said, that no question commanded more sympathy than the one before the House, and he felt sure the right hon. Gentleman would give it every consideration, and would deal with it in a sense of justice to the purchase officers. Were the purchase officers of the Army, he asked, in the same position as that which they enjoyed before the abolition of purchase? No one would pretend for one moment that they were. The Warrant of August 13, 1877, had taken from them privileges which they possessed up to that date, and another Warrant just issued effected another very material change in the position of officers commanding regiments. The' proper way of dealing with the grievance of purchase officers was that pointed out by the senior Member for Birmingham, who recommended that the regulation money should be returned to them. Had that course been adopted, the present difficulty would never have been heard of. The money wanted for removing the difficulty might amount to a large sum; but if justice required its payment it ought to be paid, especially when the men whom it would benefit were serving their country and doing their best to maintain its dignity and honour.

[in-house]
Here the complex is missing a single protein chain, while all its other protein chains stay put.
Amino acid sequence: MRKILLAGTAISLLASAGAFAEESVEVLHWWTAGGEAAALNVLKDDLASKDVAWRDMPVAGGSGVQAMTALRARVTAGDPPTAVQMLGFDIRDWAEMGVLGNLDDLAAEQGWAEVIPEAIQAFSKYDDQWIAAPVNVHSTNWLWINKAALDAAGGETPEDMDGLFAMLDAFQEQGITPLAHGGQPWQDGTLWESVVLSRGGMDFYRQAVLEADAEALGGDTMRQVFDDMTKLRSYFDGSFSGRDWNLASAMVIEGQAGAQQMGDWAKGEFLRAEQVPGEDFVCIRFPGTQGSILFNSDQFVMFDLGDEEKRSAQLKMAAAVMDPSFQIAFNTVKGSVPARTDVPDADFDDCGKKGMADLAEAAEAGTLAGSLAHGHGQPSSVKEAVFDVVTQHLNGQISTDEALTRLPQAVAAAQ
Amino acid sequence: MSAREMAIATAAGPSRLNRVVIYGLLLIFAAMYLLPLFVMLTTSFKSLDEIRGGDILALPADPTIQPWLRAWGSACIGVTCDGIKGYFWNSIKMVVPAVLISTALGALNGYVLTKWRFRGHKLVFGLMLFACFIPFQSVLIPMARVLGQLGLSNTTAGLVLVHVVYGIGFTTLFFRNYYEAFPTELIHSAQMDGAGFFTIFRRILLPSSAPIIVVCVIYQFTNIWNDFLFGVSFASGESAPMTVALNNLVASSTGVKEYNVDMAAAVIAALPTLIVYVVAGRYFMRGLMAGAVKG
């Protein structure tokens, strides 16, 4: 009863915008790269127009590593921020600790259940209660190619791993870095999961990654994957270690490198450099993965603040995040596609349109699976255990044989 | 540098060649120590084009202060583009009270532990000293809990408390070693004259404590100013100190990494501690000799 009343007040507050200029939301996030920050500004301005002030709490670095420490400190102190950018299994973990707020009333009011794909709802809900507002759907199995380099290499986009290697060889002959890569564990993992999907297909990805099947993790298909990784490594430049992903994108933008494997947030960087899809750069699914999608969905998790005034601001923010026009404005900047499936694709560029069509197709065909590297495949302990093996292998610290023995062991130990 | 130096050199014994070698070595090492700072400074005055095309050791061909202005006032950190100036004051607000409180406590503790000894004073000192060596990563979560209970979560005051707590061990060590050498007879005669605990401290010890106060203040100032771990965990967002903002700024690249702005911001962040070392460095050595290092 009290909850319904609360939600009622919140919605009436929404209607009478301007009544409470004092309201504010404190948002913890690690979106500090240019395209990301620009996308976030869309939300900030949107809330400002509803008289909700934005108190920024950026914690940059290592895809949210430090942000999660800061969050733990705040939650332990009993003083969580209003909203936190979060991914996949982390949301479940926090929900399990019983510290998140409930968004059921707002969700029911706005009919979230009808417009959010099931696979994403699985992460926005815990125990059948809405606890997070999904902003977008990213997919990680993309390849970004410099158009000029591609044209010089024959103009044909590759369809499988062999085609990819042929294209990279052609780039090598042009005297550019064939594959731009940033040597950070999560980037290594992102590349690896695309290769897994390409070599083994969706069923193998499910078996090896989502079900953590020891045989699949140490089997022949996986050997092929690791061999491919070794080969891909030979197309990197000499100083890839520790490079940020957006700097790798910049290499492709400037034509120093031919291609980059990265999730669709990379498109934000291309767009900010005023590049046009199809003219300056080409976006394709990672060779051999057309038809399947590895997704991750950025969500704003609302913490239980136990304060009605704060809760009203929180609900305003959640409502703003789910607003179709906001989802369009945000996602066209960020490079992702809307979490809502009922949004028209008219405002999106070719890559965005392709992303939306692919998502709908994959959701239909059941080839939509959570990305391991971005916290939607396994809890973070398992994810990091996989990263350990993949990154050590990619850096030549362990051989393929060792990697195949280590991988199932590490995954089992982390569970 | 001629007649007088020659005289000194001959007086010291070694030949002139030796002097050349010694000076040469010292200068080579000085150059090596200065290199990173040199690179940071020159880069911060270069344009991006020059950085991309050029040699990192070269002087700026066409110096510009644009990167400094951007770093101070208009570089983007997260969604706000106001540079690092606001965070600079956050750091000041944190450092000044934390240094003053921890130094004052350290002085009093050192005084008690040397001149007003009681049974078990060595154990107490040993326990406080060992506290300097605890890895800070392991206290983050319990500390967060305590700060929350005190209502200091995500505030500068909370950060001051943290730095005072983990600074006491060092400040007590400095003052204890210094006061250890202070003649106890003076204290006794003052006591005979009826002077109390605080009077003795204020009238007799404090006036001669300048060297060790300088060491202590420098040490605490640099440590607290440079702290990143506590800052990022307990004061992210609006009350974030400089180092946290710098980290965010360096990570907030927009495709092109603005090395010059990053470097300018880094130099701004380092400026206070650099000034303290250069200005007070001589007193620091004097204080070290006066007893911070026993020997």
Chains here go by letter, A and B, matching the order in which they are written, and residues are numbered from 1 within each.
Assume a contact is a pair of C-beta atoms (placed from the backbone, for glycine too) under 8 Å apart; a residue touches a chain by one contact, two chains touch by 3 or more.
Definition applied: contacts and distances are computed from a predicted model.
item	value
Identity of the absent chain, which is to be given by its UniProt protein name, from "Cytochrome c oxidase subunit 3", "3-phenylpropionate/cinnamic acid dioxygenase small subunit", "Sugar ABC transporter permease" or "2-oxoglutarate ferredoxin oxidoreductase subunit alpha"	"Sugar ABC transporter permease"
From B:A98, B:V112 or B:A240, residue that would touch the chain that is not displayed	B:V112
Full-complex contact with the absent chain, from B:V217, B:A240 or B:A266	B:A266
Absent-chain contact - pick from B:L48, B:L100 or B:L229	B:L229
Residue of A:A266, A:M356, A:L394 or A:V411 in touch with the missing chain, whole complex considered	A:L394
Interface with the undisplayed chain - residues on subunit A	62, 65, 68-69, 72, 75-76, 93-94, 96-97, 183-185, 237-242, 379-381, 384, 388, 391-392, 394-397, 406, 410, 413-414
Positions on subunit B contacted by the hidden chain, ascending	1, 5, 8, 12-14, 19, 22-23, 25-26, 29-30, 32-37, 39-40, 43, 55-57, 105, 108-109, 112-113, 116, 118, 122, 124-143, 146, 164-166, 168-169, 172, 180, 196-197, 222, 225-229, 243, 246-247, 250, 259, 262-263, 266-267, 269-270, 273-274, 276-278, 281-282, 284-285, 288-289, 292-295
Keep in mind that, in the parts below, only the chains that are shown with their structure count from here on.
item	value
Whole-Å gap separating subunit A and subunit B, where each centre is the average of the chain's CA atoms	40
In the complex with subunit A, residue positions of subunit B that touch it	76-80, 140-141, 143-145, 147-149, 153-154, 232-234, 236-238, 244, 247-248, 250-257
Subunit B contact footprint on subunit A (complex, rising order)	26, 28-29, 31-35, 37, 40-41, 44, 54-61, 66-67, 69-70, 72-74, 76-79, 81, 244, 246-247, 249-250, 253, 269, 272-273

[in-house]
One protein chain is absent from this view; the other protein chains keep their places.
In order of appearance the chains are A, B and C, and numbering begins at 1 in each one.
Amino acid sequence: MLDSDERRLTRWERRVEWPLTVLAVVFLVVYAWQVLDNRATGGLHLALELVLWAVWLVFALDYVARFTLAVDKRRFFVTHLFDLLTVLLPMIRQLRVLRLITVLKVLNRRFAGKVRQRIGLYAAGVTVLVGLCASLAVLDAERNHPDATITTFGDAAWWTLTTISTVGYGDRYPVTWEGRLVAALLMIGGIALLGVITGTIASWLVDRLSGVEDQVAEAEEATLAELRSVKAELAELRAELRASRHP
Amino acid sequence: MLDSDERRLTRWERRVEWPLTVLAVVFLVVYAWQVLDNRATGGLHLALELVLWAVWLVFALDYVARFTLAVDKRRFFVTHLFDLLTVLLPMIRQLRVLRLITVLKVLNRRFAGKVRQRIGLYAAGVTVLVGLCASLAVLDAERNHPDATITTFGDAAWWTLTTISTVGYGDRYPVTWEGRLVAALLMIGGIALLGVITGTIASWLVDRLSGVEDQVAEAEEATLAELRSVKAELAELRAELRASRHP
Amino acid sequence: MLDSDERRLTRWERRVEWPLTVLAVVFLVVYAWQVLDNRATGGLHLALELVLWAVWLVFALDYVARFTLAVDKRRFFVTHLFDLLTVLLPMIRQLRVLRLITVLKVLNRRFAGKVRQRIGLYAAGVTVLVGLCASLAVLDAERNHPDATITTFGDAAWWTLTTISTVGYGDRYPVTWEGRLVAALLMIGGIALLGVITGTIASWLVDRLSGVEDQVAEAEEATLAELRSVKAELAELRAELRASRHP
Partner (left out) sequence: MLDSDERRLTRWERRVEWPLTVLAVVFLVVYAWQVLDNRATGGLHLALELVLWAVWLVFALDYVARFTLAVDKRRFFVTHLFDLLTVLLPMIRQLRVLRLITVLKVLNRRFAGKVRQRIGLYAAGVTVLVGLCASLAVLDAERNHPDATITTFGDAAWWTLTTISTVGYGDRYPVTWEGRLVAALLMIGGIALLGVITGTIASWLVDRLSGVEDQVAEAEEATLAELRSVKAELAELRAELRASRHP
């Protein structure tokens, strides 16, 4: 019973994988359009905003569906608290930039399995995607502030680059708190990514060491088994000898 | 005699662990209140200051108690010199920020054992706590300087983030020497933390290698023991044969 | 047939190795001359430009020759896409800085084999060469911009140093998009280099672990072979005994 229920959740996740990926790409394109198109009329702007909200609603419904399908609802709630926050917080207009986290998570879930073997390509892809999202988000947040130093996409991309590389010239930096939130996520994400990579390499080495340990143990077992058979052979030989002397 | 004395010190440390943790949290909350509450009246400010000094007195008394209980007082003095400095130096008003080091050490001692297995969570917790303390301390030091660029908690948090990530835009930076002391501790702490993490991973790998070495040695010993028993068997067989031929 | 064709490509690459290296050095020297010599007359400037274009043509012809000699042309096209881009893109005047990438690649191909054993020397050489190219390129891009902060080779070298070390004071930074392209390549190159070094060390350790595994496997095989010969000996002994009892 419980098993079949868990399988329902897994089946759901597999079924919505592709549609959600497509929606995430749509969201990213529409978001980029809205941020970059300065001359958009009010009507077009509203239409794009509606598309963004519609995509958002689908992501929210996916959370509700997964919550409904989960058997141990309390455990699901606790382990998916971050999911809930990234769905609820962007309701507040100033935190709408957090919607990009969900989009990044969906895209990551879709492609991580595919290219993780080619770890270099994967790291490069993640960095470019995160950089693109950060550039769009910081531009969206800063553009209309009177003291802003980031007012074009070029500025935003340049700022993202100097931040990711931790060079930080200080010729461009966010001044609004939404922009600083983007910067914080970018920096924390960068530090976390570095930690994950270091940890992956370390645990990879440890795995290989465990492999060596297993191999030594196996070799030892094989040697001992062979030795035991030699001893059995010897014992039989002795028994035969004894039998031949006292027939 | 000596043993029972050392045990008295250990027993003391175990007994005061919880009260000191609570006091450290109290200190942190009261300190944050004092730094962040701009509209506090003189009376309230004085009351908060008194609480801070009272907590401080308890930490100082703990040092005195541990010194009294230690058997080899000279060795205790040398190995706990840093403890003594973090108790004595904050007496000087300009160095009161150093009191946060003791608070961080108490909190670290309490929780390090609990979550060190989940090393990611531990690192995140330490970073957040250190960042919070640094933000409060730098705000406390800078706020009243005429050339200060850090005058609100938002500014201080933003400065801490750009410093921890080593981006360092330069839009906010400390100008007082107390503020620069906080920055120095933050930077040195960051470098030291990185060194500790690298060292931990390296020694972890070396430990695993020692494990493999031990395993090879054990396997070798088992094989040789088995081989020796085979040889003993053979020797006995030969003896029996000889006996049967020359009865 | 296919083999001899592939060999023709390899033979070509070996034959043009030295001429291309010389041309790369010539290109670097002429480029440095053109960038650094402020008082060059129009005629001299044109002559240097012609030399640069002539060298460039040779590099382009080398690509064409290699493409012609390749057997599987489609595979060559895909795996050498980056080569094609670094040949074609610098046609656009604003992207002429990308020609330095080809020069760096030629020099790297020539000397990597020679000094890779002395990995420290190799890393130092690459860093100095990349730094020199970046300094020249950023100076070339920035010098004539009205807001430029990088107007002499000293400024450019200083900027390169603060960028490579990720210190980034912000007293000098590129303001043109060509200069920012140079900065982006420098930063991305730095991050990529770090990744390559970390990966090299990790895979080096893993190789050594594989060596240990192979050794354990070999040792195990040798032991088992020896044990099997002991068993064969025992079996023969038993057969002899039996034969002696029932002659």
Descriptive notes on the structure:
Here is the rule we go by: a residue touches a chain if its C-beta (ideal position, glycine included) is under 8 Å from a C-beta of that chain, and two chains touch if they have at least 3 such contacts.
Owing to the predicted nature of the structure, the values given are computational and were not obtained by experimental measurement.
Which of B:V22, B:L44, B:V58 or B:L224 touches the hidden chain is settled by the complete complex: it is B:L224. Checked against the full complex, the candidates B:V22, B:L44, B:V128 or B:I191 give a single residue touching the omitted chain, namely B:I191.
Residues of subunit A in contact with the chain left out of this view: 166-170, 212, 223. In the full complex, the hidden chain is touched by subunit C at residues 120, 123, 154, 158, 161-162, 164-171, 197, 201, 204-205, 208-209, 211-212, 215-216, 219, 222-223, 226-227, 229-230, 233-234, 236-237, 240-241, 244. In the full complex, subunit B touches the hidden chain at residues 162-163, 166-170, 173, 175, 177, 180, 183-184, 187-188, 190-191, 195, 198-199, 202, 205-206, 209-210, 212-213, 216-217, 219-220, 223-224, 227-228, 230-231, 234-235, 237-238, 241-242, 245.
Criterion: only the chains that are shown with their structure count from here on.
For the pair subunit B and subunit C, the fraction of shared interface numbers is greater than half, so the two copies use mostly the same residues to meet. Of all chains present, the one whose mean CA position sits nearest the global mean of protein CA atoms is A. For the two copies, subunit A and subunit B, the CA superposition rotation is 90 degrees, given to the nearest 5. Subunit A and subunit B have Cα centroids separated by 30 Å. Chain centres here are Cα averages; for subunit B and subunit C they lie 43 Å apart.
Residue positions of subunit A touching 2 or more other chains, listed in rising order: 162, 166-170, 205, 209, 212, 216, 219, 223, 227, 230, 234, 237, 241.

remarked that it certainly seemed a hardship and an injustice that the State should profit, in a pecuniary point of view, by the death of those who had been serving their country. The solution of the difficulty mentioned by the last speaker would have been a simple one—namely, that of returning to purchase officers the money invested by them in the purchase of their commissions. Between that solution, however, and a state of absolute quiescence there was a via media which might be followed. It was contended at the time of the abolition of purchase that officers who had bought their commissions should not have their money returned to them, because its expenditure had gained for them certain advantages of priority. But there was a class to whom this argument could not apply—namely, those who had purchased their first commission only. They had obtained no priority; and surely, therefore, it was just that they should not forfeit their money to the State when they fell in the discharge of their duty. He thought, however, that the declaration of the Secretary of State for War was all that could reasonably be expected from him at the commencement of his tenure of Office; and, therefore, he hoped the noble Lord opposite would not press the subject further.